DPE Faculty A B C D E F G H I J...
A Market-based Indicator of Currency Risk: Evidence from American Depositary Receipts
IWH Discussion Papers,
We introduce a novel currency risk measure based on American Depositary Receipts(ADRs). Using a multifactor pricing model, we exploit ADR investors’ exposure to potential devaluation losses to derive an indicator of currency risk. Using weekly data for a sample of 831 ADRs located in 23 emerging markets over the 1994-2014 period, we find that a deterioration in the fiscal and current account balance, as well as higher inflation, increases currency risk. Interaction models reveal that these macroeconomic fundamentals drive currency risk, particularly in countries with managed exchange rates, low levels of foreign exchange reserves and a poor sovereign credit rating.
Switching to Exchange Rate Flexibility? The Case of Central and Eastern European Inflation Targeters
FIW Working Paper, Nr. 139,
This paper analyzes changes in the monetary policy in the Czech Republic, Hungary, and Poland following the policy shift from exchange rate targeting to inflation targeting around the turn of the millennium. Applying a Markovswitching dynamic stochastic general equilibrium model, switches in the policy parameters and the volatilities of shocks hitting the economies are estimated and quantified. Results indicate the presence of regimes of weak and strong responses of the central banks to exchange rate movements as well as periods of high and low volatility. Whereas all three economies switched to a less volatile regime over time, findings on changes in the policy parameters reveal a lower reaction to exchange rate movements in the Czech Republic and Poland, but an increased attention to it in Hungary. Simulations for the Czech Republic and Poland also suggest their respective central banks, rather than a sound macroeconomic environment, being accountable for reducing volatility in variables like inflation and output. In Hungary, their favorable developments can be attributed to a larger extent to the reduction in the size of external disturbances.
Exchange Rate Regime, Real Misalignment and Currency Crises
Based on 69 sample countries, this paper examines the effect of macroeconomic fundamentals on real effective exchange rates (REER) in these sample countries. Using the misalignment of actual REER from its equilibrium level, we have estimated the factors explaining the extent of currency over- or under-valuation. Overall, we find that the higher the flexibility of the currency regime, the lower is the misalignment. The estimates are robust to different sub-samples of countries. We then explore the impact of such misalignment on the probability of a currency crisis in the next period, indicating the extent to which misalignment could be used as a leading indicator of a potential crisis. This paper thus makes a new contribution to the debate on the choice of exchange rate regime by bringing together real exchange rate misalignment and currency crisis literature.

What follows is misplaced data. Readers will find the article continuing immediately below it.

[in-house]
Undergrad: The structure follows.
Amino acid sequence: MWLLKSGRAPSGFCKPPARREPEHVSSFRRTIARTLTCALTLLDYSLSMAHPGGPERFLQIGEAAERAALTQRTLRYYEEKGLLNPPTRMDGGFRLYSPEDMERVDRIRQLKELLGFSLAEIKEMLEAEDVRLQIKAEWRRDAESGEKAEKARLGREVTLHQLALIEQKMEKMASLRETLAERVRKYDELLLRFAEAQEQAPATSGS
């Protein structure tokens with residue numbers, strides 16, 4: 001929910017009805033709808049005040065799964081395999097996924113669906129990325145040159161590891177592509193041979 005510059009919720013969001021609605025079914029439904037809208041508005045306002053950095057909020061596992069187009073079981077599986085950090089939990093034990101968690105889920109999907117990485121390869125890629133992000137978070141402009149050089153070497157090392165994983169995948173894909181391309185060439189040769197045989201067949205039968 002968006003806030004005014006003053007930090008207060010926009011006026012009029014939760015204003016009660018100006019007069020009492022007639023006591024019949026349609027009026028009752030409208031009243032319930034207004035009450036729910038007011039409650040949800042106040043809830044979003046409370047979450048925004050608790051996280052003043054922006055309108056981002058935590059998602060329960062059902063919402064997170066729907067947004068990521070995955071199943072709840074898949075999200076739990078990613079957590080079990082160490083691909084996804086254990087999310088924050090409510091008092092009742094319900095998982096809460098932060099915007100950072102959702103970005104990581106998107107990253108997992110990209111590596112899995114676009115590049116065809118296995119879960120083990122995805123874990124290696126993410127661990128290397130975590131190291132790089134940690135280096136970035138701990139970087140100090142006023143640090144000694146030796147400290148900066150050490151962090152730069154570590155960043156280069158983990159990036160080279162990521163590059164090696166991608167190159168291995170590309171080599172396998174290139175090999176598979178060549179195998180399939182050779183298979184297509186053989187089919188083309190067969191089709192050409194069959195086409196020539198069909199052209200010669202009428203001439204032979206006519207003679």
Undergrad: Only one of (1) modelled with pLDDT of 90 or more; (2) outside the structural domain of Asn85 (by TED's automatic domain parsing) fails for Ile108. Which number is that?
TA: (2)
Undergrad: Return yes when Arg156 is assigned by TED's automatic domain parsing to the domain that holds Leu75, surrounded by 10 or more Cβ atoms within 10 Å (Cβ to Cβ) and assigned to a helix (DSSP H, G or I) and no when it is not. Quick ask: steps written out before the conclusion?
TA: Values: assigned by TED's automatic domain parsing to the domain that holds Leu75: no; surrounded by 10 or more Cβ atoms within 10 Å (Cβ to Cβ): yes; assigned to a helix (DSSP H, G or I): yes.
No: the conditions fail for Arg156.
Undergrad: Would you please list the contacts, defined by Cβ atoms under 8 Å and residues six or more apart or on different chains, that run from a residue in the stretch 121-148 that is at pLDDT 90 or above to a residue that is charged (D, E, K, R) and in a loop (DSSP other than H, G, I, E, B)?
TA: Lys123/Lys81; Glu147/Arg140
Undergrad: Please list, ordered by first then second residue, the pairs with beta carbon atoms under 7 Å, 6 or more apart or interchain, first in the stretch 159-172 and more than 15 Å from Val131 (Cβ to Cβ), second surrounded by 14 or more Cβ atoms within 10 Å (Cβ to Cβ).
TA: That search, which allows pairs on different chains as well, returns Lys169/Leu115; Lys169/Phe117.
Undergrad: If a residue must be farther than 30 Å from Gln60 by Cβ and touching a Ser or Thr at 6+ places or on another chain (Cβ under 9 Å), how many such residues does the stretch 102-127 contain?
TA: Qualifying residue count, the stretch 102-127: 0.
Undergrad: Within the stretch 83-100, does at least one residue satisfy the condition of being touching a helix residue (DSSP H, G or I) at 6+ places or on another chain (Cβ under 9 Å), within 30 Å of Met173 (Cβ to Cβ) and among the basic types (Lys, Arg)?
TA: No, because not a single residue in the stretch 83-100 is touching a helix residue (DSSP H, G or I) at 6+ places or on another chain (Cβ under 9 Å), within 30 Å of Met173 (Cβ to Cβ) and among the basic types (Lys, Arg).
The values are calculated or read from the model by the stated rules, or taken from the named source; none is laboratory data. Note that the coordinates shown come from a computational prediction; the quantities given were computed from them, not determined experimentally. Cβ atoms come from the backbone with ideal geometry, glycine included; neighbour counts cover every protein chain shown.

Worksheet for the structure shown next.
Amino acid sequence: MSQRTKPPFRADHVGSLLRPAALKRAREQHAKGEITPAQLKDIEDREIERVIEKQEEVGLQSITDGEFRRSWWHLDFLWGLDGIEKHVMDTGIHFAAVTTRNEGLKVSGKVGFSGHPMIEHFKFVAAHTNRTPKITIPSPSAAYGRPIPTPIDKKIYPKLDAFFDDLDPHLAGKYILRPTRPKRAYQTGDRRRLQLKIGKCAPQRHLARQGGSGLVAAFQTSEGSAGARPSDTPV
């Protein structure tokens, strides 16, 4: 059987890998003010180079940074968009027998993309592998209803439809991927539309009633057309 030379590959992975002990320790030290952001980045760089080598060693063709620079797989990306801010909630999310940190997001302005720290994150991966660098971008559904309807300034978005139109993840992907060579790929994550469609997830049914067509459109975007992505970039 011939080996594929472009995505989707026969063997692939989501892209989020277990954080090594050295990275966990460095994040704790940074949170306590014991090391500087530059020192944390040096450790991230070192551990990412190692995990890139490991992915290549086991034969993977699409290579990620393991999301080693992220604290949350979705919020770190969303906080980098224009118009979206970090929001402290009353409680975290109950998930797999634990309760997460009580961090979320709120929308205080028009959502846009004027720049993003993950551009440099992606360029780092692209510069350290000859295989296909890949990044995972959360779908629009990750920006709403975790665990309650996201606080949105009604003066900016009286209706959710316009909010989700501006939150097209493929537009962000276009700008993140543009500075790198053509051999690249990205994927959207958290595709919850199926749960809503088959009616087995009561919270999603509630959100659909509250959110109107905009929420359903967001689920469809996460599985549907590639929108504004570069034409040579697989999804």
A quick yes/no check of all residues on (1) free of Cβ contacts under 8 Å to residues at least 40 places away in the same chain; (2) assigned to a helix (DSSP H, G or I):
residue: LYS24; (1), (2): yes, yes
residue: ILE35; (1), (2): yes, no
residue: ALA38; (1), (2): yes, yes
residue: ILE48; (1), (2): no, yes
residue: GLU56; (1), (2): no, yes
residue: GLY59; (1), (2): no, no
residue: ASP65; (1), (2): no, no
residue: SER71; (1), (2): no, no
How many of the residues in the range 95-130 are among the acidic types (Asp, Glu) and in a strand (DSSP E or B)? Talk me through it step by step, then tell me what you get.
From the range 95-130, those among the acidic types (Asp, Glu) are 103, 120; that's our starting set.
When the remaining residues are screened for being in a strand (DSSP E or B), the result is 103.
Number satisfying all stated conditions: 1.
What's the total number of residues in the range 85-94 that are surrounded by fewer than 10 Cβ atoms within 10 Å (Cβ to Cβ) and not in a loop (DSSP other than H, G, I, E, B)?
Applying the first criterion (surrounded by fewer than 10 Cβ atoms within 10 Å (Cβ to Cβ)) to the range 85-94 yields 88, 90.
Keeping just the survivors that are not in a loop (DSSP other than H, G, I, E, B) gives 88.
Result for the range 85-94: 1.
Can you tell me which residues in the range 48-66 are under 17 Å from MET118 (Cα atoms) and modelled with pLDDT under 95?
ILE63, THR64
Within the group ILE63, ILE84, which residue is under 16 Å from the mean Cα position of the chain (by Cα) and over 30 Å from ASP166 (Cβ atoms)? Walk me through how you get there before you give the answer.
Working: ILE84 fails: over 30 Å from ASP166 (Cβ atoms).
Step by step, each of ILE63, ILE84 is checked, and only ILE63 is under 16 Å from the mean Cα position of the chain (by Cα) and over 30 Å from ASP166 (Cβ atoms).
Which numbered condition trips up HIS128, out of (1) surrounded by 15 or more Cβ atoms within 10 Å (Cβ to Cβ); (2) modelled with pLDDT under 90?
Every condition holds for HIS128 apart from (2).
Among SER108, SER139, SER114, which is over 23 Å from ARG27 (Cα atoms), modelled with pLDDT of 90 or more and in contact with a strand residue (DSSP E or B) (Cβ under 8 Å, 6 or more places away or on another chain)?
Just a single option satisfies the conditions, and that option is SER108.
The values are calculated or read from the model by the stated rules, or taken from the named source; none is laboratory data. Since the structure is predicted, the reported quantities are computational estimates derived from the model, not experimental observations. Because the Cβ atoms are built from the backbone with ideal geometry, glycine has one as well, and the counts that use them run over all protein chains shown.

The Exchange Rate of the Euro Cannot be Explained Fundamentally even Ten Years after the Introduction of the New Currency
Wirtschaft im Wandel,
On first of January 2009, the Euro’s tenth birthday can be celebrated. The introduction of the Euro led to diminishing importance of trade in foreign currency for the Euro-countries. However, a significant part of foreign trade of Germany and other Euro-members is still nominated in foreign currency. Therefore, the external value of the Euro plays a crucial role for the European economy. Since the early depreciation of the exchange rate just after the introduction until 2000, an almost steady increase in the external value of the Euro could be observed. The contribution elaborates on the exchange rate development and tests whether the Euro was following a path as it would be predicted by both, the interest rate parity theory and the purchasing parity theory. Both theoretical approaches are not able to explain the specific valuation figure of the Euro. For the conduct of economic forecasts, it is to conclude that modelling exchange rate developments as random processes can be legitimate. Regarding exchange rate policy, it remains to ask which alternative policy approaches might be better suitable for the European economy.